James Morton (2010) Spies of the First World War – Under Cover for King and Kaiser, Kew, The National Archives
When Colonel James Edmonds argued for a British secret service in 1907, officials mocked that he had ̀espionage on the brain’. But fracturing European relations and the resulting explosion in spy activity were to prove Edmonds’ prescience. By the time of the First World War undercover agents operated in cities from Geneva to Paris, New York to Moscow, and German spies were being shot in the Tower of London. Spies of the First World War balances accessible history of a profession fashioned by conflict with human stories of heroism and cowardice, brilliance and incompetence, loyalty and betrayal.
This major collection of real-life stories begins with the British spy panic that prompted the creation of the fledgling M15 and M16 in one set of rooms, and tells how by the end of the First World War sophisticated networks like La Dame Blanche surveyed the Western Front. Ranging freely across Europe, America and the wider world, James Morton describes events that shaped history, from the bungling beginnings of Britain’s Intelligence Corps to the decryption of the Zimmermann telegram and the execution of Edith Cavell.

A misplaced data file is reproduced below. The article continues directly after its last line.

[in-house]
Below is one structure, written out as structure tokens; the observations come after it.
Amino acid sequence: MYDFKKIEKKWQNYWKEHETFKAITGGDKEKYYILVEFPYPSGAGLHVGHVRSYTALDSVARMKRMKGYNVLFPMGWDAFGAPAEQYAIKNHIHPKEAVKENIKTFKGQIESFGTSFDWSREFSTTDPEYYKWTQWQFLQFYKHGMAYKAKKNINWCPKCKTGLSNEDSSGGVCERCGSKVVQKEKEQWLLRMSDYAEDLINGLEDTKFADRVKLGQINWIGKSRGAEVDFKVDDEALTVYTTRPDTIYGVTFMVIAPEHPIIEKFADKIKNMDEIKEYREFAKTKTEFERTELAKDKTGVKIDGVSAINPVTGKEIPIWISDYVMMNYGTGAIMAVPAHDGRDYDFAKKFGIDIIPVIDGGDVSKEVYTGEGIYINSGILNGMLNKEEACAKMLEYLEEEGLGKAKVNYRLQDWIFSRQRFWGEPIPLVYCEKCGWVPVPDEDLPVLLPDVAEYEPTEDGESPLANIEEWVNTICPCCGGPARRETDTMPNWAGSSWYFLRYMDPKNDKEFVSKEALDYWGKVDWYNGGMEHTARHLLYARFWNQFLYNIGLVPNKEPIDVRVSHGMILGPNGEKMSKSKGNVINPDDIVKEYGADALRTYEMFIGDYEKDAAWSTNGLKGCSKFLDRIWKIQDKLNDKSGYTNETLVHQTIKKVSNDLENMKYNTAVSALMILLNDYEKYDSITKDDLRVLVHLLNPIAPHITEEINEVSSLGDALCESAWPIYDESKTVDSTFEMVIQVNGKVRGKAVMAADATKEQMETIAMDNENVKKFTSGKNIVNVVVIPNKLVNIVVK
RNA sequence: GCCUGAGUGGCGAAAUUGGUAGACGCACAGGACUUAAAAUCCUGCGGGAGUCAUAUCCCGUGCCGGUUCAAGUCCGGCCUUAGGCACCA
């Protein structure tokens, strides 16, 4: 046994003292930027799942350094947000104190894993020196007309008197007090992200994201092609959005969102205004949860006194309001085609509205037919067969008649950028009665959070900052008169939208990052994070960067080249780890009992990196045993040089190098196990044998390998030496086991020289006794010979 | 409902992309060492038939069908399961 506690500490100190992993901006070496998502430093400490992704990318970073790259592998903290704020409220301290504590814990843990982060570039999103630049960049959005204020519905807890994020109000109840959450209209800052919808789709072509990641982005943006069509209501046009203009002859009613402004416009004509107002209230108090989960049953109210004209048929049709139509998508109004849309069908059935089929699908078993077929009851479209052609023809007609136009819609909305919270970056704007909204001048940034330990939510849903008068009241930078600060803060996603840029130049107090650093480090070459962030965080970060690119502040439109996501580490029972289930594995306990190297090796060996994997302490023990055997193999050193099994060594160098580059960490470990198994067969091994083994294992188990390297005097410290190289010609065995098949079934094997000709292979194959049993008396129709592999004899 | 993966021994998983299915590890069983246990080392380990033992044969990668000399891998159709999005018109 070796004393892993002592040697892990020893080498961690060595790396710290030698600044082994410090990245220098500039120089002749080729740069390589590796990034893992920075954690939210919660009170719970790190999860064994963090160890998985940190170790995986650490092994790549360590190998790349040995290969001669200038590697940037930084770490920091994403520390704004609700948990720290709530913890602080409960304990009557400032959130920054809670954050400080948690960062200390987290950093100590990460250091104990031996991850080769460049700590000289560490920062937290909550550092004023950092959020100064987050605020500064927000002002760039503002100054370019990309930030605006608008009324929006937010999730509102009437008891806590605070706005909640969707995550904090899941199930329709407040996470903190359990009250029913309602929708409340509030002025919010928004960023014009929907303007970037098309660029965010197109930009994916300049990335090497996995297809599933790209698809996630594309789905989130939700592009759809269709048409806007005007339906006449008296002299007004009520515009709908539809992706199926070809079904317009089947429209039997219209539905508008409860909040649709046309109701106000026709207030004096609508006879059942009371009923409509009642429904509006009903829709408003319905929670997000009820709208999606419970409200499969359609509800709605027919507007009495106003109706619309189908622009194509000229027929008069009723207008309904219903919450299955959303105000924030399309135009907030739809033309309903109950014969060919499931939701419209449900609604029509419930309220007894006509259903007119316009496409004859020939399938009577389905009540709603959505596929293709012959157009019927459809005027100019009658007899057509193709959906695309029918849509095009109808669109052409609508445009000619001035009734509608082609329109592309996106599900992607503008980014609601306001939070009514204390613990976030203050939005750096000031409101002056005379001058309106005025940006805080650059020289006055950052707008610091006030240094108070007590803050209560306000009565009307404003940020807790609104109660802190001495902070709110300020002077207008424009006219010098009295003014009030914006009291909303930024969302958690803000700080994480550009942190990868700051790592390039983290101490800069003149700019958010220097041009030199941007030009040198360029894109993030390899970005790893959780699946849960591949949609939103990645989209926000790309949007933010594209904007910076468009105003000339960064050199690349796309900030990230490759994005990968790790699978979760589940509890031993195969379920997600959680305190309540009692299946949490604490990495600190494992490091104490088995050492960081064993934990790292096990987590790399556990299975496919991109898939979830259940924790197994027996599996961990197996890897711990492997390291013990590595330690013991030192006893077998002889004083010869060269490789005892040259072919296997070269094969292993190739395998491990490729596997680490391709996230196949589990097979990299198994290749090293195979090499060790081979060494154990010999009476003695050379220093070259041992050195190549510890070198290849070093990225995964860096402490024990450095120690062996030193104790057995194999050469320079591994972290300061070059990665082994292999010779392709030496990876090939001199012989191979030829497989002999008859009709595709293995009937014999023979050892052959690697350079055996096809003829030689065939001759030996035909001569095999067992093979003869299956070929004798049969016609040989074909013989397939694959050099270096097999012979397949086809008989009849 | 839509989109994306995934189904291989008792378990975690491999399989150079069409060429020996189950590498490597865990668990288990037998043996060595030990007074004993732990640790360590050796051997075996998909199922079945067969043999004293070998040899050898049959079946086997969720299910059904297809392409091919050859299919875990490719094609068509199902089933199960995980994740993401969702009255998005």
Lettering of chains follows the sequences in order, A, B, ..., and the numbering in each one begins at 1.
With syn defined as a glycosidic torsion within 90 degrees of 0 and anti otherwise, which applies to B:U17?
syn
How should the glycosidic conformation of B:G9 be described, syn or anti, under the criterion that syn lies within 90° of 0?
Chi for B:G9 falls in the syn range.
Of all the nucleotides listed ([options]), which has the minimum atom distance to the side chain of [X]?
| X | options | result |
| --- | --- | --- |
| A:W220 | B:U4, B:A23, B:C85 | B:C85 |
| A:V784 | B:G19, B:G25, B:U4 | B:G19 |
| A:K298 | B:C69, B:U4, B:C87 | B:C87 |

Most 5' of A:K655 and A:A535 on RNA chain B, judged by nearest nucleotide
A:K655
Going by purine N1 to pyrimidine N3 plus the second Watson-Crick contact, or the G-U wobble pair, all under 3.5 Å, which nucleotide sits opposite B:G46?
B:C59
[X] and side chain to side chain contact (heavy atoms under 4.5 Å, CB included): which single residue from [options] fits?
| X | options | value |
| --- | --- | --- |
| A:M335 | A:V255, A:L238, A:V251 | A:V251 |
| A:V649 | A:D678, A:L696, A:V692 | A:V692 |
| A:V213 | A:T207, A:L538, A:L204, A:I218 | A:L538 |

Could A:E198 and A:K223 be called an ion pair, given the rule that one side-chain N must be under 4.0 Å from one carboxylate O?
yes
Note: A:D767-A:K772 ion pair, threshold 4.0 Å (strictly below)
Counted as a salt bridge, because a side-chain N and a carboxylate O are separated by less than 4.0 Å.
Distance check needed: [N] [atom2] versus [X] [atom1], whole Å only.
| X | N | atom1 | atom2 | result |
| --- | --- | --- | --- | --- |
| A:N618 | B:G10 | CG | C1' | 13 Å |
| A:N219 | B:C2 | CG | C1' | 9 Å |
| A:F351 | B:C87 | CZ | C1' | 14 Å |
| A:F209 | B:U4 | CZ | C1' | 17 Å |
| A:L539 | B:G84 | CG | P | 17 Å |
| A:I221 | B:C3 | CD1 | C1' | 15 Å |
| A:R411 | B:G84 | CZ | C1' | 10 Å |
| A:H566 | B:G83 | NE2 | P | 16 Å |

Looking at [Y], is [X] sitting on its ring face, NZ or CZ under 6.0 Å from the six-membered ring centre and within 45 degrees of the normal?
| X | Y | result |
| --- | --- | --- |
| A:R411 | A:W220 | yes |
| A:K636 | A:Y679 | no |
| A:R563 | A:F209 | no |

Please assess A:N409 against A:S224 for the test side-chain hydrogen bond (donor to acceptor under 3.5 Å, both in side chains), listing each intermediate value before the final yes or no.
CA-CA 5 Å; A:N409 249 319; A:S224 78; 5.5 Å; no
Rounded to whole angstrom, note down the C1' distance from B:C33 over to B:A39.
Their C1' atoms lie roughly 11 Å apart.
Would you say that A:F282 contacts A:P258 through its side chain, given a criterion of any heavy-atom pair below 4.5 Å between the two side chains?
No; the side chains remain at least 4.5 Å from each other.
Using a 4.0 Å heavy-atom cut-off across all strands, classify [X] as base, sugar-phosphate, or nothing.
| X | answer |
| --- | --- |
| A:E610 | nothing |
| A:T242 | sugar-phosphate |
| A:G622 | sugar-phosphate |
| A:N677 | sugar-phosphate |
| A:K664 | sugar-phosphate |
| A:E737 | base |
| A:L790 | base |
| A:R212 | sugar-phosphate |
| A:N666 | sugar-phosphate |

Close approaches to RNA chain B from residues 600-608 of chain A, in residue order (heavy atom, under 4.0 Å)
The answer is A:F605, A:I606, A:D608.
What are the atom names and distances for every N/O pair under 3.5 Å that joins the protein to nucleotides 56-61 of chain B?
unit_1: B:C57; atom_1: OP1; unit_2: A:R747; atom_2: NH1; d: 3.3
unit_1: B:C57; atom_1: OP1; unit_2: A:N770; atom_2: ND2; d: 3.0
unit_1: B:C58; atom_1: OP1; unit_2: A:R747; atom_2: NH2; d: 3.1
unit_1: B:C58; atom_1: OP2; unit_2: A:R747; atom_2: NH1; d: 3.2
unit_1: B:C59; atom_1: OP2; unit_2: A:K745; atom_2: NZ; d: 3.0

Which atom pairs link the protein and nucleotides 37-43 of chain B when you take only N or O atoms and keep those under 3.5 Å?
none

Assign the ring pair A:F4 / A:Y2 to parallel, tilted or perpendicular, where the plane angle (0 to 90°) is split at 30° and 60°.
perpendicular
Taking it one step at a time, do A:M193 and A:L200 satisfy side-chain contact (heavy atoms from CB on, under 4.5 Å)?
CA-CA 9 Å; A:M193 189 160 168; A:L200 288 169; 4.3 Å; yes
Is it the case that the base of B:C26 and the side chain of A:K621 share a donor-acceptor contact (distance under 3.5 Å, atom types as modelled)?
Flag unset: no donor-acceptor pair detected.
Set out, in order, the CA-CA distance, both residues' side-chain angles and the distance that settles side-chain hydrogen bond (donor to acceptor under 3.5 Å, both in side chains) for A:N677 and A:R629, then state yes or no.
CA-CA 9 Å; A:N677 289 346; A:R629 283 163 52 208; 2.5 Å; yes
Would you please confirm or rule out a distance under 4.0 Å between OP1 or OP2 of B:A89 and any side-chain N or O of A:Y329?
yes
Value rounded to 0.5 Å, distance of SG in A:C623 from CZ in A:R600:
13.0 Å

The book is peopled with agents, handlers, officials and spy catchers of all nationalities, driven by love, money, duty, patriotism and the struggle to survive. There are accidental spies like the elderly Lord Brassey, arrested for rowing too close to the Imperial dockyard; tragic gentlemen amateurs like Carl Lody; and professionals like the pugnacious Richard Tinsley, who ran 300 agents from Rotterdam. There are ̀ordinary’ people like the Belgian train-watchers who used beans to count guns and soldiers, as well as notorious figures such as Mata Hari and the Fraulein Doktor.
Researched internationally, this remarkable narrative draws on a wealth of published and unpublished sources including documents from the UK’s National Archives [Publisher’s Description]